As celebrity endorsements go, it’s really not a bad one. George Dillon’s solo show was described as “brutal, compassionate, brilliant. Examines the actor’s soul with a precision that is acutely painful and appallingly funny!” by no less than Richard E Grant.

George, an accomplished actor, given a perfect accolade by his mentor, the theatrical legend Steven Berkoff, performs a stunning one-man show at The Mill Theatre, Banbury next month.

George Dillon’s solo staging of Graft – Tales of an Actor, Berkoff’s collection of short stories, is described as a unique masterclass. Berkoff himself said of this hugely talented thespian: “The best example of how to perform is George Dillon”.

Graft – a must for students and all theatre-goers – goes on stage at The Mill on Wednesday, March 13, and there will be a post-show discussion with the actor.

In the production, Dillon takes Berkoff’s 11 short stories and performs them as a series of scenes from an actor’s life. “The eye Berkoff casts on an actor’s life is very astute. He shows not the glamorous view but the reality of being unemployed most of the time, being turned down at auditions, the low self-esteem and the desperation to find something to fulfil one’s ambitions,” said Dillon.

“But it is also about finding, just once, that Big One, the dream role that makes it all worthwhile, where the body, spirit and heart are completely absorbed.”

Graft takes the audience from the first audition for drama school to the final curtain call at Leicester Square, exposing the reality and questioning the sacrifice.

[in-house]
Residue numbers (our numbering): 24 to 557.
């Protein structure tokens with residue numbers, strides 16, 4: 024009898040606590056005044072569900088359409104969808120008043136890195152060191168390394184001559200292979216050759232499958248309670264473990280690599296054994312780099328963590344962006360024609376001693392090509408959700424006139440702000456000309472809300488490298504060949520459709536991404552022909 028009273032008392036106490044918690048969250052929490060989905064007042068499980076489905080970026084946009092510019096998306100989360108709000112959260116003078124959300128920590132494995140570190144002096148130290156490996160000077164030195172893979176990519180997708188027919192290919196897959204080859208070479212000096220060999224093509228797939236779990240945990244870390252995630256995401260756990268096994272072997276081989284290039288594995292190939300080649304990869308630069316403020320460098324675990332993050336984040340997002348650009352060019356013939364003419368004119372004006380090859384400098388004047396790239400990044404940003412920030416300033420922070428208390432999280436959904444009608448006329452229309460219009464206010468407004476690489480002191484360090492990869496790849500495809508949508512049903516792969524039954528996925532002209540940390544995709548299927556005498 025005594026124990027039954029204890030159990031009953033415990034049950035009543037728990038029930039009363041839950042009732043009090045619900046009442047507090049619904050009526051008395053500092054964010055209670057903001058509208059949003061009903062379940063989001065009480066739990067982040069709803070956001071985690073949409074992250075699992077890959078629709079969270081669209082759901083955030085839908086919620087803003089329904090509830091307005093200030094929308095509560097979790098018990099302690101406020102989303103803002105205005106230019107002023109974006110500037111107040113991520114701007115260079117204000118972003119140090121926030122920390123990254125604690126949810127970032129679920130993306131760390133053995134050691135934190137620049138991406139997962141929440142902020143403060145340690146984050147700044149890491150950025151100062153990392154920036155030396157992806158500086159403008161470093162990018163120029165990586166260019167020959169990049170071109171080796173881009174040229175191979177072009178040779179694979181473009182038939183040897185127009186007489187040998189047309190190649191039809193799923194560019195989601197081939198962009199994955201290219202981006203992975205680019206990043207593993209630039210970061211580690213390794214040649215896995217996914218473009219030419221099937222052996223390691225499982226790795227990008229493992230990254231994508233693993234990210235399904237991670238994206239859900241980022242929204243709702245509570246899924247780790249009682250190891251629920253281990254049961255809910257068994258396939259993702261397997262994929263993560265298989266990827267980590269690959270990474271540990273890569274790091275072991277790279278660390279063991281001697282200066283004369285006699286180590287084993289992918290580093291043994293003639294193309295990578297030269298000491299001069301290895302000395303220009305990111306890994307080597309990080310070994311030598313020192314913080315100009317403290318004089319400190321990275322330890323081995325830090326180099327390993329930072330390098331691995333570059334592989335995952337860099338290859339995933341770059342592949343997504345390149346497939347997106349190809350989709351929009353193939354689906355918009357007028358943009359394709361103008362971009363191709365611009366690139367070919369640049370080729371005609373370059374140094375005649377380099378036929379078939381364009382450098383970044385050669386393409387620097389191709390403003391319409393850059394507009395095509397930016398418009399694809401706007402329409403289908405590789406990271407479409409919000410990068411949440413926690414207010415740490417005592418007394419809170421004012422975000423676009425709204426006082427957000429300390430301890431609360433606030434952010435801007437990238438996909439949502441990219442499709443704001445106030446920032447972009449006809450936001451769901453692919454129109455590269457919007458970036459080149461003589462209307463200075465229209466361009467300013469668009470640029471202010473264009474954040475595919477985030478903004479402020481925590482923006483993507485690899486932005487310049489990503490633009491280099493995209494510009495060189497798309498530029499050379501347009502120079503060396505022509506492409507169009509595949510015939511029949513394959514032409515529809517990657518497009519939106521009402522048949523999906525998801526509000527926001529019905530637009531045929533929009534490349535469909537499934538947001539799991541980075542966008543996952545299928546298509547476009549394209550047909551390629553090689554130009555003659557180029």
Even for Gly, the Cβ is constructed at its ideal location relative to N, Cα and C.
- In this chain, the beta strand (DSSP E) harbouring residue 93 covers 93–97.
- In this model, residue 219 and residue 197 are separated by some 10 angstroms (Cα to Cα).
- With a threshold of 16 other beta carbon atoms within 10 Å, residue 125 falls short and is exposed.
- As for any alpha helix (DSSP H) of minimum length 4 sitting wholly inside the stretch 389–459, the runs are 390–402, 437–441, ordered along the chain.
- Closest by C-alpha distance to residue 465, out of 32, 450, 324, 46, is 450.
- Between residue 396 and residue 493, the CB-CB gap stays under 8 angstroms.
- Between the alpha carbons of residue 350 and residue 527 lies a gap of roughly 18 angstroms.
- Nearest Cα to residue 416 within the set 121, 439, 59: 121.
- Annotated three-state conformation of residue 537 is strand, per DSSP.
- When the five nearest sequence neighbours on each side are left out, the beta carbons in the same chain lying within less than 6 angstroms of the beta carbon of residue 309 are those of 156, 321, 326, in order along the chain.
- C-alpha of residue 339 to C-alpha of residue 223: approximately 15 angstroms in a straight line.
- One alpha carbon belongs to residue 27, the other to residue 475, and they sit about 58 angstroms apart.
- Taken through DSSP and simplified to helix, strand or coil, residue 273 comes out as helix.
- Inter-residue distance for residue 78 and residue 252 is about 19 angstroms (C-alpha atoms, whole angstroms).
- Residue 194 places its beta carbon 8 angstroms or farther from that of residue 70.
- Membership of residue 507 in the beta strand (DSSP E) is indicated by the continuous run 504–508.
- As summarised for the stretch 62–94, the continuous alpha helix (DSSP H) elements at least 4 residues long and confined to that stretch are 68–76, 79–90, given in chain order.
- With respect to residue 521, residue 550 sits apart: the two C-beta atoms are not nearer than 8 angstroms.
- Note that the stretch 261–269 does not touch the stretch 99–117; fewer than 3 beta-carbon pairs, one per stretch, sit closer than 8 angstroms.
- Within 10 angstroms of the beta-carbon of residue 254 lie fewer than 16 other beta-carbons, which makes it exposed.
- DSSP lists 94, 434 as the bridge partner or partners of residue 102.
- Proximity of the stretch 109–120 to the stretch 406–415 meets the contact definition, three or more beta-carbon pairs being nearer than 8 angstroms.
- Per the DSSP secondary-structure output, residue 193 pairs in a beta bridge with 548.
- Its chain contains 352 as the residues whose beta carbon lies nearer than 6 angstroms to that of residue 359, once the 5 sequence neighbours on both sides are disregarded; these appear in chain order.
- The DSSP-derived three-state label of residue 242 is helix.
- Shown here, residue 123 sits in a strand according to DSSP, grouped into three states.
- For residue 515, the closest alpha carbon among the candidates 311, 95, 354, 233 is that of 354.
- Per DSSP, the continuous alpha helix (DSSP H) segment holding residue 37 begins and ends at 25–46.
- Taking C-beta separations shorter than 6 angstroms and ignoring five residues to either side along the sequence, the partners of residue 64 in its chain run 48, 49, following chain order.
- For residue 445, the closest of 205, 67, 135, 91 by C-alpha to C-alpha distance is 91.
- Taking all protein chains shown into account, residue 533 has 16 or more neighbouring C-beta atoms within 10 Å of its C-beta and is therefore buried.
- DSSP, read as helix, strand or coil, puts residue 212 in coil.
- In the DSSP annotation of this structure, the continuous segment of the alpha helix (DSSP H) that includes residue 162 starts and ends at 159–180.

Dillon says that over his 146 performances of Graft – one of three one-man shows in his repertoire – he has seen people who ‘do not like theatre’ blown away. “It is a very rewarding style of performance. All kinds of people are mesmerised. Older theatre-goers also get a lot out of it; they tend to understand the second half better than others with the reflection on life being one of the most powerful aspects. They understand the sacrifices made through their lives to try to realise a dream they may not have realised.”

George Dillon first acted in a student production of Berkoff’s East nearly thirty years ago and has since worked with the writer, actor and director on five productions and has produced and starred in another eight with his own company, Vital Theatre, including three world premieres. Graft won Dillon a Herald Angel Award at the Edinburgh Festival in 2000 and a nomination for The Stage’s Best Actor award. The show has since been seen in more than ten countries.

Meanwhile, Talon have a huge following in Banbury, having originally made its reputation as the UK’s premier Eagles tribute band.

But over the years the group have added to their astonishing repertoire and tour with an expanded range of music.

Tomorrow (Friday), they return to one of their favourite stages at The Mill, Banbury with their popular show, Talon The Acoustic Collection: Up Close and Personal.

This entertaining concert features music from the catalogues of Cat Stevens, Simon and Garfunkel, James Taylor, Crosby Stills and Nash, John Denver, Michael Jackson and many more. The acoustic band is headed by the charismatic frontman, the ‘Silver Fox’ Chris Lloyd. Talon promise to delight the audience with their brilliant harmonies and incredible musical ability, with several doubling up on instruments.

Talon: The Acoustic Collection: Up Close and Personal, Friday 8pm, £16. Call 01295 279002.